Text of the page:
I’ve noticed a two things over the last couple weeks: 1) Eggs are still down, even though the temperature has really dropped (they often quit laying for a spell when it’s hot); and 2) Bridgette has been bolting off every morning when I let them out. When I was really late last week, she practically beat the door down.
I figured they were picking on her. Back when Bridgette was recovering from her dog attack, the other girls would peck her like crazy. Obviously her tail never grew back after the dog chomped it off, so she’s the odd girl out, and I worry that the other chickens are bitchy to her.
But today, I watched her rush off and discovered her making a beeline under the hay tarp. That’s this summer’s hay, still stacked in the driveway and covered with a tarp. It’s there because the snazzy new hay shelter was still under construction when the pasture was hayed. My plan was to turn the tarp into the sides of the shelter (it’s just an open structure with a tin roof), but the best laid plans….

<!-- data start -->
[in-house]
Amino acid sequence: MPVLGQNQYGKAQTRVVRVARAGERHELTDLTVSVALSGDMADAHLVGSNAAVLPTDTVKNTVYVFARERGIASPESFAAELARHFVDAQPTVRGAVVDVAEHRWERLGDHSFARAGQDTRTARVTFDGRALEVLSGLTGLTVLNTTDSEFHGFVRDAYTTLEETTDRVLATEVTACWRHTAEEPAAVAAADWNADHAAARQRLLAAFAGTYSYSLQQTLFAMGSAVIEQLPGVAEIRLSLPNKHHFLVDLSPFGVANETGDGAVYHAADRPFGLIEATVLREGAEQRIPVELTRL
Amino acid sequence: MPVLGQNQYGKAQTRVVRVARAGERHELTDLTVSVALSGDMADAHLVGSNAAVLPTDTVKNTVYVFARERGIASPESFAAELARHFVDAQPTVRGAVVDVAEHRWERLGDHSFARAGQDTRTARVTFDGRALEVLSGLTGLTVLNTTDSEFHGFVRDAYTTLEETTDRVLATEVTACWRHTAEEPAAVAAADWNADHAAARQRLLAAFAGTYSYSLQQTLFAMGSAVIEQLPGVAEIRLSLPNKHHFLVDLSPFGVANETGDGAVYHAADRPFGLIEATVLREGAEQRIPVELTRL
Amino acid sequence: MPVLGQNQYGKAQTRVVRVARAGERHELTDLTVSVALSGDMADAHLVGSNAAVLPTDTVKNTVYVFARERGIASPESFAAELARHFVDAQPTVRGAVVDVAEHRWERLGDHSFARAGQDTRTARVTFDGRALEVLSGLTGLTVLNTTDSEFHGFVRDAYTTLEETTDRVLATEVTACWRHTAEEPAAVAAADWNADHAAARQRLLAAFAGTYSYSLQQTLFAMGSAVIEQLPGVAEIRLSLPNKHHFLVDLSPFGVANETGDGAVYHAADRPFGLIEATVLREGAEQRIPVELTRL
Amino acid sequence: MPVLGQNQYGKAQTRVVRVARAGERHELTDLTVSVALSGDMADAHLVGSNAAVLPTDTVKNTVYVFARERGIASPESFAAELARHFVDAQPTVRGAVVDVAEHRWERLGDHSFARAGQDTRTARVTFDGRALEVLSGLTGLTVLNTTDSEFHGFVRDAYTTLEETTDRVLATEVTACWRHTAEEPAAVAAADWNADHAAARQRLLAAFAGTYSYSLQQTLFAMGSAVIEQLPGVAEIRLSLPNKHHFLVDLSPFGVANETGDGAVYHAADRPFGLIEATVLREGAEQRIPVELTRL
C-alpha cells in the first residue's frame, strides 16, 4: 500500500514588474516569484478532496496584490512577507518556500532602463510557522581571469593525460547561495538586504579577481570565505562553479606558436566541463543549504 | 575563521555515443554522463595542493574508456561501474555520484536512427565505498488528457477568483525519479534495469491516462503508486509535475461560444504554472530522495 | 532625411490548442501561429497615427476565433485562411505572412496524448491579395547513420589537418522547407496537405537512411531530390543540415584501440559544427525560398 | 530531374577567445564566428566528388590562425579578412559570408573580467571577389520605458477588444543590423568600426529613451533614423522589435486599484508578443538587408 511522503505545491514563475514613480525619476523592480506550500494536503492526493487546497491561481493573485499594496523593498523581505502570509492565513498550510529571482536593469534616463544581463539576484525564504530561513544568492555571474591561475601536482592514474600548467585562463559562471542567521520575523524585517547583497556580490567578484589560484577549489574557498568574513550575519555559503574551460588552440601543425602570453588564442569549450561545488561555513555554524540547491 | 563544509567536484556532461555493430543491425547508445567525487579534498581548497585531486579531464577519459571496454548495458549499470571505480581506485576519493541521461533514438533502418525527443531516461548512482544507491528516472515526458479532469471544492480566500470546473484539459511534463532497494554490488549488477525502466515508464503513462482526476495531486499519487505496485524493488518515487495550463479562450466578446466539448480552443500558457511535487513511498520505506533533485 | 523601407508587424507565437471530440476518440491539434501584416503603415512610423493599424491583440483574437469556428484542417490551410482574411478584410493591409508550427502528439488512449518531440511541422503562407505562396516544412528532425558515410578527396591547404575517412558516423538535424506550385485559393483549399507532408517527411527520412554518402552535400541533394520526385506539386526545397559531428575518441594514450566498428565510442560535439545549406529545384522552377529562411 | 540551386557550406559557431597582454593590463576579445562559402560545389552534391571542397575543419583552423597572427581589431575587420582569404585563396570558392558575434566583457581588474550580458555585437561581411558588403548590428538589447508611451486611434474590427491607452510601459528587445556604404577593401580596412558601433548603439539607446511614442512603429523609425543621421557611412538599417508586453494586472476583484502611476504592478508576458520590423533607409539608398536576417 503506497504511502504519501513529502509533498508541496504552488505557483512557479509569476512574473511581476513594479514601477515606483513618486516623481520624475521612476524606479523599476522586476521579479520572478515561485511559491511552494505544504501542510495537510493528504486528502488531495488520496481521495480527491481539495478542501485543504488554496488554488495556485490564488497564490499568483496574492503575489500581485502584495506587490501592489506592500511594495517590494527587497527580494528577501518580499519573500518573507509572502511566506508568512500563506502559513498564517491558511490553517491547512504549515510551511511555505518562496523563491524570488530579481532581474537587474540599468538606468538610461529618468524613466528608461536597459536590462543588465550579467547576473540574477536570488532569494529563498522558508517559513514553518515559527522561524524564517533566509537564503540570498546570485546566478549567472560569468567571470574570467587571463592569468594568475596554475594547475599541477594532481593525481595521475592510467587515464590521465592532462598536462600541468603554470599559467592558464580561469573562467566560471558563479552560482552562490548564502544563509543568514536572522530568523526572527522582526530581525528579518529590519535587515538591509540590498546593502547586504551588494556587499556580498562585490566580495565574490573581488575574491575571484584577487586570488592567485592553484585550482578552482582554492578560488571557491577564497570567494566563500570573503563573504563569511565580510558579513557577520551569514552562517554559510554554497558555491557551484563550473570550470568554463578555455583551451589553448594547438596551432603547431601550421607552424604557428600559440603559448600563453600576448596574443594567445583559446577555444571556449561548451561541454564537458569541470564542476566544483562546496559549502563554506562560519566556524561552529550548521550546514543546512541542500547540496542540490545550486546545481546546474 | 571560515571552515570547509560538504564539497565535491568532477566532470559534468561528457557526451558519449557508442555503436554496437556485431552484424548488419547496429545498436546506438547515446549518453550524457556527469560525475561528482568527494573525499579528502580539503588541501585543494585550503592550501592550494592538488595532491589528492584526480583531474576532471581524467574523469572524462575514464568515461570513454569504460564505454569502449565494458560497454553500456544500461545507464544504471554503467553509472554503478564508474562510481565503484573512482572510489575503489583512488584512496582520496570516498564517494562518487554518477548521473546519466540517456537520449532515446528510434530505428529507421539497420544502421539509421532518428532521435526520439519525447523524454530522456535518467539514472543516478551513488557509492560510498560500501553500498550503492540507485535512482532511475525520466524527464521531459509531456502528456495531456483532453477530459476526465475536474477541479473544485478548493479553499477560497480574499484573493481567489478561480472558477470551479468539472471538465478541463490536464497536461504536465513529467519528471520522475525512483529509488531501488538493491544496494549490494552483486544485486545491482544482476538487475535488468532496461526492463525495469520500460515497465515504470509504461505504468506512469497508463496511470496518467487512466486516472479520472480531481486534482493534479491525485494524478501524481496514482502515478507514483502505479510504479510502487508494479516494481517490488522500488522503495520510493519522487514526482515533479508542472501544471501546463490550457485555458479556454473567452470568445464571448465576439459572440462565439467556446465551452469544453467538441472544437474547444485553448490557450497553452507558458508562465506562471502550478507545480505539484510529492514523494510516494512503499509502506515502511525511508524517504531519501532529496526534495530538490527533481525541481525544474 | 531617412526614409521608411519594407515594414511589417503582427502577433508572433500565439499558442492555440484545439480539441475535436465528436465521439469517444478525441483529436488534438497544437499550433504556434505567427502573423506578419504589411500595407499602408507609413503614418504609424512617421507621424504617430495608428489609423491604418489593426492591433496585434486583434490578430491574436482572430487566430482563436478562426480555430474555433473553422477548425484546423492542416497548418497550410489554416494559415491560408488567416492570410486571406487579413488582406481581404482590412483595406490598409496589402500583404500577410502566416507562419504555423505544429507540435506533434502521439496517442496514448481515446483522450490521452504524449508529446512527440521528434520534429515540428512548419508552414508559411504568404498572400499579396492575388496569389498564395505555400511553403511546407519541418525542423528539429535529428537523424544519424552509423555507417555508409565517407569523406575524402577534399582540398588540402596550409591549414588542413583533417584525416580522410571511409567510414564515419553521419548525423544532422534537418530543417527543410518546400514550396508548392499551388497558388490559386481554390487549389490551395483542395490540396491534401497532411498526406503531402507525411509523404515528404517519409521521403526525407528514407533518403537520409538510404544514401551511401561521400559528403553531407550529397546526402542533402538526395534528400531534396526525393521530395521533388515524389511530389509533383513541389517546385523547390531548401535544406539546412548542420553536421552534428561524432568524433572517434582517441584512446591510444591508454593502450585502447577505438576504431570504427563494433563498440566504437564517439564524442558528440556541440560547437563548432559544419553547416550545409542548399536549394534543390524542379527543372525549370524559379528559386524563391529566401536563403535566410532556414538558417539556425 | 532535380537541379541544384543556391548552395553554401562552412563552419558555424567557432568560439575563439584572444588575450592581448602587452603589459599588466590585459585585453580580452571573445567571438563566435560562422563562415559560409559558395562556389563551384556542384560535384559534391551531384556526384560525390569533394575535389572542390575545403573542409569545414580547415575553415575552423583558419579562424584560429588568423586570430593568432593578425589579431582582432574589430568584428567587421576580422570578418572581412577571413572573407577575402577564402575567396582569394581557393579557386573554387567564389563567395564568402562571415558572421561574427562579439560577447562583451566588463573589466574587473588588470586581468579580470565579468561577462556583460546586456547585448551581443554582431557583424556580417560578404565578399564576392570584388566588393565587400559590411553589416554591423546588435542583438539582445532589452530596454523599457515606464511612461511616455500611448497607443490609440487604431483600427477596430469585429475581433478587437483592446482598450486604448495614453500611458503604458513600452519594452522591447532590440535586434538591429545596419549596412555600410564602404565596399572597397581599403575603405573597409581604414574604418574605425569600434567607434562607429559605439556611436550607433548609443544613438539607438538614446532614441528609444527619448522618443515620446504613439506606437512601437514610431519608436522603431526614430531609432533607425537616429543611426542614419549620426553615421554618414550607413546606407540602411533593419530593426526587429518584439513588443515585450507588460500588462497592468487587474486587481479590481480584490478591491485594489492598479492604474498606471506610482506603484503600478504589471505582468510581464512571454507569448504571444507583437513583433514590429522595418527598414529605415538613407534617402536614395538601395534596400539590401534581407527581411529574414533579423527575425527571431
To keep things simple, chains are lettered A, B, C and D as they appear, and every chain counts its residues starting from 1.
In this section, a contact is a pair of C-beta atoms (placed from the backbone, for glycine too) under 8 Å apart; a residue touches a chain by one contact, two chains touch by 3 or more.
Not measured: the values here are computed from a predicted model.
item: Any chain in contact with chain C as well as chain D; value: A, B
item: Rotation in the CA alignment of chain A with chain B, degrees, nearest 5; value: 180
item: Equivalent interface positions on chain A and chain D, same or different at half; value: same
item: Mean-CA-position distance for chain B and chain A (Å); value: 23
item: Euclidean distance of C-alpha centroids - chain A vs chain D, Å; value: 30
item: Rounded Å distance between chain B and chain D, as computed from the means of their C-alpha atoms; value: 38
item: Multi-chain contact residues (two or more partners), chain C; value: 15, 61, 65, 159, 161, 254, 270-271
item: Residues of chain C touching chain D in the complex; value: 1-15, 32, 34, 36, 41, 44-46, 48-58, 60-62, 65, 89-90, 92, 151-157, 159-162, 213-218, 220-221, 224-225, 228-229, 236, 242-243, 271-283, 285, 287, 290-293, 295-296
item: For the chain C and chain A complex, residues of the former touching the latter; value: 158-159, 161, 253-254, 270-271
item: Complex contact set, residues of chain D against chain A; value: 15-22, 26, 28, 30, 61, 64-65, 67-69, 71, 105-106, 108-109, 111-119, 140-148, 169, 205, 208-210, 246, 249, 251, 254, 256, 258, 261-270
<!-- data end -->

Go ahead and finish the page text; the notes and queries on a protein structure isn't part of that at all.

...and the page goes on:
So when she disappeared under the tarp, I followed her and discovered this:
A secret nest with a huge cache of eggs! Luckily, it’s been cool, so there were no exploded rotten eggs. But there were nearly a dozen from Bridgette (the green ones), and another handful from Inara, who has also been laying in the nest box. There’s no way of knowing which are oldest and which are fresher, so the chickens will be getting all of them over the next week or so, mixed in with their kitchen scraps.
Yes, chickens will eat eggs. This often astonishes people, but it’s true. They love them (they’re delicious!). In fact, in some flocks, you get trouble with hens breaking open their own eggs to eat them. We’ve never had that problem, but you’re always warned about it in the chicken books. I think as long as you break them open outside of the nest, there’s no worry. With these eggs, since some are nearly two weeks old, I’ll probably crack them open and nuke them before feeding them to the girls, to be on the safe side. (BTW, fresh eggs don’t spoil immediately at room temperature–you could keep them out on your counter for a few weeks if you wanted with no ill effects–but Bridgette may have been brooding over them, they have probably been at much higher than room temperatures).
I blocked off her entrance to the tarp and moved a couple of the clutch (and her) to the real nest box, but she seemed none too enthused about using it, and ended up laying today’s egg in the middle of the path, scurrying back to the tarp repeatedly (and being repeatedly relocated by me).